Courts and tribunals.
6. Mr. Balasubramanian, learned counsel appearing for Union of
India at the outset fairly submitted that the Pension Regulations for the
army govern the entitlement to various types of pensions including, family
pension to family of deceased regular army personnel, as well as to family
of deceased personnel of the territorial army, read with various circulars
that are issued by the Government of India from time to time. But it was
strenuously canvassed before us by the learned counsel for the Union of
India that, in the case of family pension to the family of deceased
personnel of the Territorial Army, the entitlement has to flow either from
the fact that the deceased soldier had put in minimum qualifying embodied
service of fifteen years, and thus had become entitled to service pension,
in which case the family pension gets granted to the widow or other
eligible person(s) as per rules, or alternatively, the deceased ought to
have died in harness when he was in an embodied state i.e., while he was on
active duty having been called out or attached to any part of the regular
army. Conversely, it was argued that if the death had occurred when the
deceased was in a disembodied state, and if the deceased individual had not
put in minimum period of qualifying service of fifteen years, then the
entitlement to family pension arising out of death in harness would not
arise. In this regard the counsel for the Union of India drew our
attention to Pension Regulations for the Army, Part-I (2008) which has
superseded the Pension Regulations for the Army 1961 with effect from
01.07.2008. Our attention was especially drawn to Section 2 titled
‘Ordinary Family Pension’ Regulation 62, which inter alia lays down that,
the regulations shall not apply to the members of the Territorial Army
other than those who die while rendering ‘embodied service’ or after
retirement with pension under the said Regulations.
7. We have considered the rival submissions and also perused the
impugned order & materials placed on record.
8. The distinctive features of Territorial Army and regular army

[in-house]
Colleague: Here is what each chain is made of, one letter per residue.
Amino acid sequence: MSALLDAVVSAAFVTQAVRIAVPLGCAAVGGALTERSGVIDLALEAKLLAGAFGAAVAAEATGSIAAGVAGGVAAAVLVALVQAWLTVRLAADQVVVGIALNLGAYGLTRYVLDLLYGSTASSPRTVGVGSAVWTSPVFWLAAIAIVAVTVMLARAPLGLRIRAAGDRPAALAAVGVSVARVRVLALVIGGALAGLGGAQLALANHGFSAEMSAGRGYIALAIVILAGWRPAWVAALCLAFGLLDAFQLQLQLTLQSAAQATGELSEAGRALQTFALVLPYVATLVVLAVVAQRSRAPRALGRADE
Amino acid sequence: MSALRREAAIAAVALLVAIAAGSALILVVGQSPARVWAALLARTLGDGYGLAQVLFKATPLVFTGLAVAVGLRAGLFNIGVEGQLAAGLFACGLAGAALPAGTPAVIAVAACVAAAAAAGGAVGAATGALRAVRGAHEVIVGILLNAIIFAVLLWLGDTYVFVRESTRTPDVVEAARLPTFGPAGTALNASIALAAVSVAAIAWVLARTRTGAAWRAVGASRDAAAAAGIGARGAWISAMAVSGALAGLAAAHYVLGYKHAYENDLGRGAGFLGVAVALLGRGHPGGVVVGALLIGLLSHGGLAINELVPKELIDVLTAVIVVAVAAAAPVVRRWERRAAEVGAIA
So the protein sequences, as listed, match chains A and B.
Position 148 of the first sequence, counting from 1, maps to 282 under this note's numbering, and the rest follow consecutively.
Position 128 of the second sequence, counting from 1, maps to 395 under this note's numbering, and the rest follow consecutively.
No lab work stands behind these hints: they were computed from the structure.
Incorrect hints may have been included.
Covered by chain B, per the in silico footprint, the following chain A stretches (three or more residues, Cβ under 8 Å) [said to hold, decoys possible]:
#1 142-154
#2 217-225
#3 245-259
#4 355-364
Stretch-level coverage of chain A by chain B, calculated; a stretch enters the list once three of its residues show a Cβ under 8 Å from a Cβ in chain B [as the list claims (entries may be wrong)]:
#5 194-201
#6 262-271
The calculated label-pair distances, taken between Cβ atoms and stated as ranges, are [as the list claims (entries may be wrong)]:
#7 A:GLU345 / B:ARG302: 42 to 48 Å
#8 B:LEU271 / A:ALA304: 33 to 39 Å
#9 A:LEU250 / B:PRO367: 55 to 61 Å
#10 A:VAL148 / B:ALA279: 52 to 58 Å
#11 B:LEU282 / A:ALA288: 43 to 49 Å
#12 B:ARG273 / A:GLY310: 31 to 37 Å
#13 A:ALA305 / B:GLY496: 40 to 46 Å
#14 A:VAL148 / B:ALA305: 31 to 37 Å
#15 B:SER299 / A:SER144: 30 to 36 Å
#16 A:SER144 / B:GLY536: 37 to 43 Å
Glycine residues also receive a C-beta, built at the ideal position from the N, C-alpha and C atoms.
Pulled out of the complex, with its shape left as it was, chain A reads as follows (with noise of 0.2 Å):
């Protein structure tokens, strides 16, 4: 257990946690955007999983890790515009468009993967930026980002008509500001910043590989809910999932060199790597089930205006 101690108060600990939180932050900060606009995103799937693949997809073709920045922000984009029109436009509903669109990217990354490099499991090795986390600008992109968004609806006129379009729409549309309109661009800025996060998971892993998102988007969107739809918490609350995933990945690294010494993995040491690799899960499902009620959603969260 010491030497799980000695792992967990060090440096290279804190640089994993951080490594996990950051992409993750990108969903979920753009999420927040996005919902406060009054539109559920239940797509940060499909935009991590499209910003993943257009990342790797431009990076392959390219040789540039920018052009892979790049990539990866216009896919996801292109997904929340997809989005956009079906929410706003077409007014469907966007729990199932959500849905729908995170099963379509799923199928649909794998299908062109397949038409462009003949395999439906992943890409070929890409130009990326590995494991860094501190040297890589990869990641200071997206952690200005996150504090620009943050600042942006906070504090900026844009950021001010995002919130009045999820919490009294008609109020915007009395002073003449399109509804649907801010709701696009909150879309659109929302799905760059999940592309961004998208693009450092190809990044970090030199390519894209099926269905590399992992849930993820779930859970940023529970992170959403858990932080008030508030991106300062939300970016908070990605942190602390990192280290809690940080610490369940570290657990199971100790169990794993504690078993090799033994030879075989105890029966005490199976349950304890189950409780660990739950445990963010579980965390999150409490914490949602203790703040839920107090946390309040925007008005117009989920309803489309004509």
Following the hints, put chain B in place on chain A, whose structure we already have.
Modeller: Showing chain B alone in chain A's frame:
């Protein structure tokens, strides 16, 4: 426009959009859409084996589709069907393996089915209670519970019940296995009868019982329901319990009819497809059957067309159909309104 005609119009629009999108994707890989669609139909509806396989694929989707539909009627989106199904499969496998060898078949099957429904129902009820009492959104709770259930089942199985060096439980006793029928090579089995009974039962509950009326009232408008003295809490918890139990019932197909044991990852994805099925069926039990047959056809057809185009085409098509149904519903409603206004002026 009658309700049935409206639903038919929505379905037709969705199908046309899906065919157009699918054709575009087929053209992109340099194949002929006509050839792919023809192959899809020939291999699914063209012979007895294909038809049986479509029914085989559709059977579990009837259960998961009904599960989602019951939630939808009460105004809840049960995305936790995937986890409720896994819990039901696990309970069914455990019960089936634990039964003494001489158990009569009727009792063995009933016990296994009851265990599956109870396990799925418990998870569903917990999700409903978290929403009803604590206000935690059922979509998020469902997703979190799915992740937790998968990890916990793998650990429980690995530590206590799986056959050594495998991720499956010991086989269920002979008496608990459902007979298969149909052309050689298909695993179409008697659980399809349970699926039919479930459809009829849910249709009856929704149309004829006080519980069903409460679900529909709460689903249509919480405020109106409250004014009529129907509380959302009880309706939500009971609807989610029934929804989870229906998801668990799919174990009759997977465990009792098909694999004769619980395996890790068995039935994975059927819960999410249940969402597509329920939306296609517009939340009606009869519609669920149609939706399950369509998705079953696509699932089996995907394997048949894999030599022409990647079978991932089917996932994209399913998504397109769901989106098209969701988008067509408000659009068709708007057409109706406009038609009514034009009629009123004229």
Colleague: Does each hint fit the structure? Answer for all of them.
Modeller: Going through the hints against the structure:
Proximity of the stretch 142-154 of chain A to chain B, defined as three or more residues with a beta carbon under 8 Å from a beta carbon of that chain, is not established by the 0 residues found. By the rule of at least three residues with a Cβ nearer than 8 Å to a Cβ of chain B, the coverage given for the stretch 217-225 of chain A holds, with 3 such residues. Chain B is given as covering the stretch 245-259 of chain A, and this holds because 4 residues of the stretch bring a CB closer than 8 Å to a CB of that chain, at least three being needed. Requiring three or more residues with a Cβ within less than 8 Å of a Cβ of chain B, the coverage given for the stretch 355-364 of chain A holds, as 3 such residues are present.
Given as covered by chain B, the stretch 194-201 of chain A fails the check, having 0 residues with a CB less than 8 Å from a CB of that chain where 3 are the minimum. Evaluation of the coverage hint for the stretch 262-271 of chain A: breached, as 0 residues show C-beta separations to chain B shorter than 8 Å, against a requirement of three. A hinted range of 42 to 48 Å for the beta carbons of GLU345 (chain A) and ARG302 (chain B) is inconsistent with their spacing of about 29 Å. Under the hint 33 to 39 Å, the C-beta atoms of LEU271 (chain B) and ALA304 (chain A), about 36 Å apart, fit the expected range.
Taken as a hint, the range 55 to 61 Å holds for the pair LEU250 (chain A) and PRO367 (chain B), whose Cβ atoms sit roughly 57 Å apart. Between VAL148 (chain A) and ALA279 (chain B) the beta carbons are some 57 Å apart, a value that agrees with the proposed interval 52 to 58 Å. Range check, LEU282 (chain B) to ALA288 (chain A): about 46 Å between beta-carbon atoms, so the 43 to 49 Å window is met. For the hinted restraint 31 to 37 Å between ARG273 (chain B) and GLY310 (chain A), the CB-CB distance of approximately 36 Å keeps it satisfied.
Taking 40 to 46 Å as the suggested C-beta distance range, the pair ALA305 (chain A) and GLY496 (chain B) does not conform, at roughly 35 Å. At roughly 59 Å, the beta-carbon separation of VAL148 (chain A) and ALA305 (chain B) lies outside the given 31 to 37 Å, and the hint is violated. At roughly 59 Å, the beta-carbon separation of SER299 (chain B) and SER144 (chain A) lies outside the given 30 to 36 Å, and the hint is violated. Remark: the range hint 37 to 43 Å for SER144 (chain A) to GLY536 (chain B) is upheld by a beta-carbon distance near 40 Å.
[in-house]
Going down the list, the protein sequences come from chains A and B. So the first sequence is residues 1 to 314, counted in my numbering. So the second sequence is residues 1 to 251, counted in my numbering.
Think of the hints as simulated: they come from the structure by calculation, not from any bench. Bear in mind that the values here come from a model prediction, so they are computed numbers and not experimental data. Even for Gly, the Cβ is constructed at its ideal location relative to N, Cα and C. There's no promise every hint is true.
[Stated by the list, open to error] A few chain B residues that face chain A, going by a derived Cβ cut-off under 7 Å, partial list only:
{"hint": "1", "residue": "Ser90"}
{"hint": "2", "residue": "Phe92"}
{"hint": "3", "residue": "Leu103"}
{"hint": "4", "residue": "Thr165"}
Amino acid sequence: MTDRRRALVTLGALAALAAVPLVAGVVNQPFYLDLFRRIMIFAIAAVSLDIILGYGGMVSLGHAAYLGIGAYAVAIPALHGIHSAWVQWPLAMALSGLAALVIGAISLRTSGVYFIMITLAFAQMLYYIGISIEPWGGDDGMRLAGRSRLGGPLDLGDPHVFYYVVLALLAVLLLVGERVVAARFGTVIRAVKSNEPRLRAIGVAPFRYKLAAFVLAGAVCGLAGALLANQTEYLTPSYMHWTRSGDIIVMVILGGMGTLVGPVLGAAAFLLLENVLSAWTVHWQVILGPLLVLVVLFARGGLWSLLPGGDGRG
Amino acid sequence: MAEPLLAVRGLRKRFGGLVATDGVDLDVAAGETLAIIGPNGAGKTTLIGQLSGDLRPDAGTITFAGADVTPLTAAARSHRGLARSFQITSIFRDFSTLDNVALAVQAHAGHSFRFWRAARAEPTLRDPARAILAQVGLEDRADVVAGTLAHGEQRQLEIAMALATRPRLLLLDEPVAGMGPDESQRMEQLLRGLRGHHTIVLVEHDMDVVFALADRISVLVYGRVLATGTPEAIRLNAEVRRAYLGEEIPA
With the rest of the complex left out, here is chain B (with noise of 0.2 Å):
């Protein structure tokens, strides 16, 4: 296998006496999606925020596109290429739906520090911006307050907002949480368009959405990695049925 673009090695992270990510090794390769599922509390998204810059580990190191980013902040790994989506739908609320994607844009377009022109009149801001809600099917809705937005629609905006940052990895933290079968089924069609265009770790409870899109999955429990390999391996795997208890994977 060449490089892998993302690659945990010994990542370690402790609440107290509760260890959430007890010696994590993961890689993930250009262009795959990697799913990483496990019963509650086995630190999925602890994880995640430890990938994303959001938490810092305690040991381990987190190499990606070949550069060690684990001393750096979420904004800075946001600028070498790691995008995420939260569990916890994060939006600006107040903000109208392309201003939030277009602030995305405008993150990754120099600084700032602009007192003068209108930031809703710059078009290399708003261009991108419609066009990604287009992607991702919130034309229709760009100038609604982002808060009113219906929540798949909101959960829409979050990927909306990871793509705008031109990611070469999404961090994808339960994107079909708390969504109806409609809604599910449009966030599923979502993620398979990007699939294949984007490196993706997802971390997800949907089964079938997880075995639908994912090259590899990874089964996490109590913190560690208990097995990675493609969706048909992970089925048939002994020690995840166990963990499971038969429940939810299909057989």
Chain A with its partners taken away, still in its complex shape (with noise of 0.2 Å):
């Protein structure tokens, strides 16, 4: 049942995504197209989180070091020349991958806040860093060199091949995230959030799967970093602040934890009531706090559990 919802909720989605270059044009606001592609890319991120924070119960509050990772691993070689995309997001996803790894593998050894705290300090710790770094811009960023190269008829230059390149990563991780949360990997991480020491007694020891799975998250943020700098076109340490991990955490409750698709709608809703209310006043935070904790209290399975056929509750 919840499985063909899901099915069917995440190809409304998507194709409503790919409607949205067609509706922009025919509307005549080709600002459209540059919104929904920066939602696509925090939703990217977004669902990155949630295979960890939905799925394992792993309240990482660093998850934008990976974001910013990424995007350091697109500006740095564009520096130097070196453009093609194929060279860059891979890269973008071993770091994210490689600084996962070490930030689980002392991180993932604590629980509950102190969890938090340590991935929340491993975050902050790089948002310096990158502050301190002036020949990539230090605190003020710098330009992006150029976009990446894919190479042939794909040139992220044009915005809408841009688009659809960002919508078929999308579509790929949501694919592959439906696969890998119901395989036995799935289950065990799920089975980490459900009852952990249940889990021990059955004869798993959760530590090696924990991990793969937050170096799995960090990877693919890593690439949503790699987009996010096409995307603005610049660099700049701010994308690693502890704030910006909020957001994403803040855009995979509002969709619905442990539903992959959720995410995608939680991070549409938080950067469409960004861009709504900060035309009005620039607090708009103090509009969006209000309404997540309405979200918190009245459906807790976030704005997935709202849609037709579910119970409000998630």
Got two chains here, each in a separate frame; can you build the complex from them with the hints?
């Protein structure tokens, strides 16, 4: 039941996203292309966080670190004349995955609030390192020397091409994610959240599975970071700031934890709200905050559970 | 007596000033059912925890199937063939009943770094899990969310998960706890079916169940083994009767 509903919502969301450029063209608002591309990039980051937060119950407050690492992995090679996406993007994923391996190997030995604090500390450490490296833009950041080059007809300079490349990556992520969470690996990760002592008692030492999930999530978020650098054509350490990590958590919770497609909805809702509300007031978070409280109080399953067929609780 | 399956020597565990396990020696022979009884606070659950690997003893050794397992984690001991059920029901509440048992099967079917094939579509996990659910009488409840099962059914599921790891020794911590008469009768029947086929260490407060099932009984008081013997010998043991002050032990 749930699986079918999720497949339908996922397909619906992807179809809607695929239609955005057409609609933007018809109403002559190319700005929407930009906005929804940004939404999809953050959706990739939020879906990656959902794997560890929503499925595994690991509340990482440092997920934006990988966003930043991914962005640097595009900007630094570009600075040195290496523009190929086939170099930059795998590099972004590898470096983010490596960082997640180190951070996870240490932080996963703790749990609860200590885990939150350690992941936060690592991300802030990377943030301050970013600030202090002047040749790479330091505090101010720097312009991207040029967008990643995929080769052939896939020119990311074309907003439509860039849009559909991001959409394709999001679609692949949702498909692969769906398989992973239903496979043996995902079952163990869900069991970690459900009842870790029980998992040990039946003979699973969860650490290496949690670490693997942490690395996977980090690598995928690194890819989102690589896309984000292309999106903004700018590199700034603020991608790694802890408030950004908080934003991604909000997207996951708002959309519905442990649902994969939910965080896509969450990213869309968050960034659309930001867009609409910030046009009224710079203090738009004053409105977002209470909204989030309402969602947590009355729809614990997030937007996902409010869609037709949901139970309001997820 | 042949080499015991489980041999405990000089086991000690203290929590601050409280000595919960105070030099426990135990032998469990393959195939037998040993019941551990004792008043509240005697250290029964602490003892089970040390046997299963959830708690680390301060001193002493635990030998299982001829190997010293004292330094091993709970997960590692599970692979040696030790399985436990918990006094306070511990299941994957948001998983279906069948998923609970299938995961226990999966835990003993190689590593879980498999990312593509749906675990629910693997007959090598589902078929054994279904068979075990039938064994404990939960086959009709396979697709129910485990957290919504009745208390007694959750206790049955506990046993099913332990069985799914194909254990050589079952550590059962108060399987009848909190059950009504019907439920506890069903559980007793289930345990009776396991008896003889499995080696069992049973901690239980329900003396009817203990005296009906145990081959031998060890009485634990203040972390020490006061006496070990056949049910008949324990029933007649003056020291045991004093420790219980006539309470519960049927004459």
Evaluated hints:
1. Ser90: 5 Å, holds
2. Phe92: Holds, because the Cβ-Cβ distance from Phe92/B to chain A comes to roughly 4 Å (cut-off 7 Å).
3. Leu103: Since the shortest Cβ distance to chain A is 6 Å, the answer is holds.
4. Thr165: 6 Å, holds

are significant in the present case. As per Army Order 77/1984, the
Territorial Army is a part of the regular Indian Army. The role of
Territorial Army is to relieve the regular army from static duties, assist
civil administration in dealing with natural calamities and maintenance of
essential services in situations where life of the communities is affected
or the security of the country is threatened, and to provide units for the
regular army as and when required. As explicit in the Statement of objects
and reasons of
the Territorial Army Act, 1948, the role of the Territorial
Army is:-
(a) to provide a second line to and a source of reinforcement for the
regular army;

(b) to assist in internal defence duties in a national emergency;

(c) to be responsible for anti aircraft and coastal defence; and

(d) to give the youth of India an opportunity of training themselves to
defend their country.

9. Section 4 of the Act provides that the personnel of the
Territorial Army comprise of two classes–(a) officers and (b) enrolled
persons. As per Section 6, any person who is a citizen of India may offer
himself for enrolment and may if he satisfies the prescribed conditions, be
enrolled for such period and subject to such conditions as may be
prescribed. According to Section 6A, every person employed under the
government in a public utility service who is between the age group of 20-
40 years, subject to other provisions and rules, is liable, when so
required, to perform service under the territorial army. Section 7 provides
for liability for military service. Section 7A casts a duty on every
employer by whom a person who is required to perform military service under
Section 7 was employed, to re-instate him in his employment on termination
of military service in an occupation and under conditions not less
favourable than those which would have been applicable to him at his
employment. As per Section 9, every officer while rendering service as
such officer and every enrolled person when called out, or embodied, or